With the rise of social media, so too an increase in lying

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With the rise of social media, so too an increase in lying


A photo from the series “The Truth Behind Instagram Photos” created by Thai photographer Chompoo Baritone shows the reality outside the frames of the cool and pretty social media photos that arouse envy from viewers. [CHOMPOO BARITONE’S FACEBOOK PAGE]

Jeong, a 35-year-old woman living in Seoul who will be identified only by her surname, has hundreds of followers on Instagram.

Her “friends” on the social networking site know Jeong as “the rich girl living in Cheongdam-dong.” That’s because the photos of her room are always picture-perfect, like a five-star hotel suite, while the photos she posts of her apartment look like one of the luxury villas in the neighborhood. She also frequently posts pictures of her vacations overseas, enjoying a nice relaxing time by the pool with a cocktail in her hand.

But according to her “real friend,” surnamed Ahn, the photos of her room are downloaded from a furniture company website, while the photos of her overseas trips are taken from other Instagram users. According to Ahn, Jeong works part time at a small company and lives in a small one-room officetel in northern Seoul. Since Jeong has to help support her parents living in the countryside by sending them part of her income, Ahn says she can’t afford to go on a trip abroad let alone a shopping spree.

According to Ahn, Jeong told her worried friend, “I am devastated every time I face the reality of my life and see the perfect lives others have on their social networks,” and that she “wanted to at least live a life that I always dreamed of online.”

Men are not immune to this trend.

A 32-year-old office worker surnamed Park is a married man living in Seoul. But among his social media friends, he’s known as a rich single doctor. By using medical terminology he became familiar with while working at a hospital, it was easy for him to gain his cyber friends’ full confidence. When he uploaded photos of a luxury sedan and an expensive watch, which are his friend’s, on his page as though they are his, several women sent him direct messages showing interest in meeting him in person. Under this false identity, Park enjoyed going on dates with these women, at least until his wife caught him in the act. Park then decided to seek psychological help.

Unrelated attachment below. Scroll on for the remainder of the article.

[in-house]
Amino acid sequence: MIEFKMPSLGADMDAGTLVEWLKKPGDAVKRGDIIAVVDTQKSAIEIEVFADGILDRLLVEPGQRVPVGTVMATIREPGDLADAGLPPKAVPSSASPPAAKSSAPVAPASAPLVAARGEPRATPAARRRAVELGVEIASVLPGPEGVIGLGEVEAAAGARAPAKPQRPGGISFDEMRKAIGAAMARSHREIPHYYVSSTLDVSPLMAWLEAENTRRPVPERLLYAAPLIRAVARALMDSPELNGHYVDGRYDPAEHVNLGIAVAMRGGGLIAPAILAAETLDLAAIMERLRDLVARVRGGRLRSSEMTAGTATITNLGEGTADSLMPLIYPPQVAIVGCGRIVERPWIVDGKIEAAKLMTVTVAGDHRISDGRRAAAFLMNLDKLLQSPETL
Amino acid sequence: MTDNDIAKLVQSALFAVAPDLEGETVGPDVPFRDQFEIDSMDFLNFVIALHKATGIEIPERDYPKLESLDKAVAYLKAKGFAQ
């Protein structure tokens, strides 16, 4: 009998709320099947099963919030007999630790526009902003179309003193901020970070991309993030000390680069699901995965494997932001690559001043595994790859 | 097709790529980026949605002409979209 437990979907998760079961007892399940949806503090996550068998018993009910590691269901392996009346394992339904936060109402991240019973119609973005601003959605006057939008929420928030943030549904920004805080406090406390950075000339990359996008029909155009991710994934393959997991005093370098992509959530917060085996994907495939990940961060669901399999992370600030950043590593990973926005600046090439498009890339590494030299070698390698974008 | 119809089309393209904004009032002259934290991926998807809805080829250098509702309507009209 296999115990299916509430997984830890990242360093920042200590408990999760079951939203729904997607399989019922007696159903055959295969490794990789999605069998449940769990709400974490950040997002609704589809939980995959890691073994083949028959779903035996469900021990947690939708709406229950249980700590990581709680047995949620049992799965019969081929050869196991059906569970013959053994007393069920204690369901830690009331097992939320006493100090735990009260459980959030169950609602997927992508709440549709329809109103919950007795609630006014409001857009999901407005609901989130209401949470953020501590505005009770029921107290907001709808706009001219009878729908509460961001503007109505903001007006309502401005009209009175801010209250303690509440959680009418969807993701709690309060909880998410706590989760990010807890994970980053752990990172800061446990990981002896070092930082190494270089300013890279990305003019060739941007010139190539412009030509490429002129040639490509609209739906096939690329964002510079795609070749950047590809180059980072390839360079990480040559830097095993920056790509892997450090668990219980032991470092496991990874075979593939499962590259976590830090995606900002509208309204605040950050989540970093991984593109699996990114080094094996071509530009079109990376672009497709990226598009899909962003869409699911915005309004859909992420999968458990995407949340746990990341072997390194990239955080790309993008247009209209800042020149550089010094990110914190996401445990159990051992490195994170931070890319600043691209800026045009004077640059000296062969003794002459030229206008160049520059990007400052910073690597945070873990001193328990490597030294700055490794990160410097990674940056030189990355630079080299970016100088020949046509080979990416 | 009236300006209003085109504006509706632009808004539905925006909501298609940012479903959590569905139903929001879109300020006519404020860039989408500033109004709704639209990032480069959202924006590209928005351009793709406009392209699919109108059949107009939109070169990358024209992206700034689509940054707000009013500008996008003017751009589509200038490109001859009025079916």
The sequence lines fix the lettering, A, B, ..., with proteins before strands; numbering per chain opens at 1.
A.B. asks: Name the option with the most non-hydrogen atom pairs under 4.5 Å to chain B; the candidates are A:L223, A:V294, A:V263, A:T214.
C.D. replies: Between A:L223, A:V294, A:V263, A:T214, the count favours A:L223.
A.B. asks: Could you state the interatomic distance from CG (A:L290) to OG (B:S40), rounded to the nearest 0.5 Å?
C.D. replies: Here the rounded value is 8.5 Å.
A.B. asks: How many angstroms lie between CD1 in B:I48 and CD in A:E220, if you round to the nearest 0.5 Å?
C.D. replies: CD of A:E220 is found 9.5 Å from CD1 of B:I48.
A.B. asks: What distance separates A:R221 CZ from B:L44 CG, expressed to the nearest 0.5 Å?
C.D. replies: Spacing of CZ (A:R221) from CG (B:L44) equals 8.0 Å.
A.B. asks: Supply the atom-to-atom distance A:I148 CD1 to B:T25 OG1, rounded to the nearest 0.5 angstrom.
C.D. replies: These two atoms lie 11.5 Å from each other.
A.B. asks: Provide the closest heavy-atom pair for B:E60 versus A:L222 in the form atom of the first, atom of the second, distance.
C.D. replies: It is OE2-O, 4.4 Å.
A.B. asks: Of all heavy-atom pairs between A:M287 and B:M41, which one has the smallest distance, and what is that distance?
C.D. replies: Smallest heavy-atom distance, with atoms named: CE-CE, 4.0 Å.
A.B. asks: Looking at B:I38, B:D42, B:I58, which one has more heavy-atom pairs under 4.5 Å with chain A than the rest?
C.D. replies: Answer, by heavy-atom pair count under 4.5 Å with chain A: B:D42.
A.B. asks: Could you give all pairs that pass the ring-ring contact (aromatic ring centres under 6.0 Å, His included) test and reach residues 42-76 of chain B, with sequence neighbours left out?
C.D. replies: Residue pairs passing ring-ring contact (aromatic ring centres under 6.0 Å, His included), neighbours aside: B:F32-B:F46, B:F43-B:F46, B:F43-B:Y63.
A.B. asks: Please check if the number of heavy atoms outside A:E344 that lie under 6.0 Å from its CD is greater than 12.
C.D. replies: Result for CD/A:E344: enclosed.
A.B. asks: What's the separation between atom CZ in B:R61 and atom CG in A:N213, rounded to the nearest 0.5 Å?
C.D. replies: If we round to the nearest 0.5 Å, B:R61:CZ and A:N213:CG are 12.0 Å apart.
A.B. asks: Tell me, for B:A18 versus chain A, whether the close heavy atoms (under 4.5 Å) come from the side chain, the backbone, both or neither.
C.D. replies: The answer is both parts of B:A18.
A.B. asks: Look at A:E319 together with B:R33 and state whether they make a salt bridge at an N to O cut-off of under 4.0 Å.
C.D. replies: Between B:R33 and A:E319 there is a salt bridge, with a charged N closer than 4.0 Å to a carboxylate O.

“People usually never show interest in my real life, but when I created this life I imagine to be perfect they began to show interest and ‘liking’ the life I had and saying that they ‘admire’ my career,” he said. “It made me feel superior, which is a rare feeling to encounter in my real life. Because of that feeling, I couldn’t stop.”

Beyond bragging

Psychotherapists insist these are only a few examples of the cases they see relating to the phenomenon of “social media mythomania,” or the pathological tendency to lie or exaggerate on social media. This behavior goes far beyond merely bragging or exaggerating to involve actual lying.

According to experts, mythomania becomes even more amplified on social media as it’s difficult to ascertain the truth and say the increased occurrence is the result of people being tired of the tough reality they face and trying to escape to the virtual world.

“Those who tend to live in the shadows without any excitement in their lives often escape to virtual reality as they can’t bear the loneliness anymore,” said Nah Kyung-sae, a professor of psychiatry at Gacheon University Gil Medical Center.

“Such lies and exaggerations are taking place as these people use their personal social media pages that they’ve created as an escape. It’s their way of pursuing psychological survival,” he added, explaining that they “choose the easy route of ‘pretending’ to live the life they dream of rather than the hard way of achieving it.”

Kim Hyung-geun, director of the Seoul Addiction Institute of Psychotherapy, concurred, saying that “most people who habitually lie on their social media tend to have low self-esteem and are desperate for attention.”

Late last year, Australian teenager Essena O’Neill, who was an Instagram celebrity with more than half a million followers, announced that she was quitting the platform, saying it’s a “contrived perfection made to get attention.”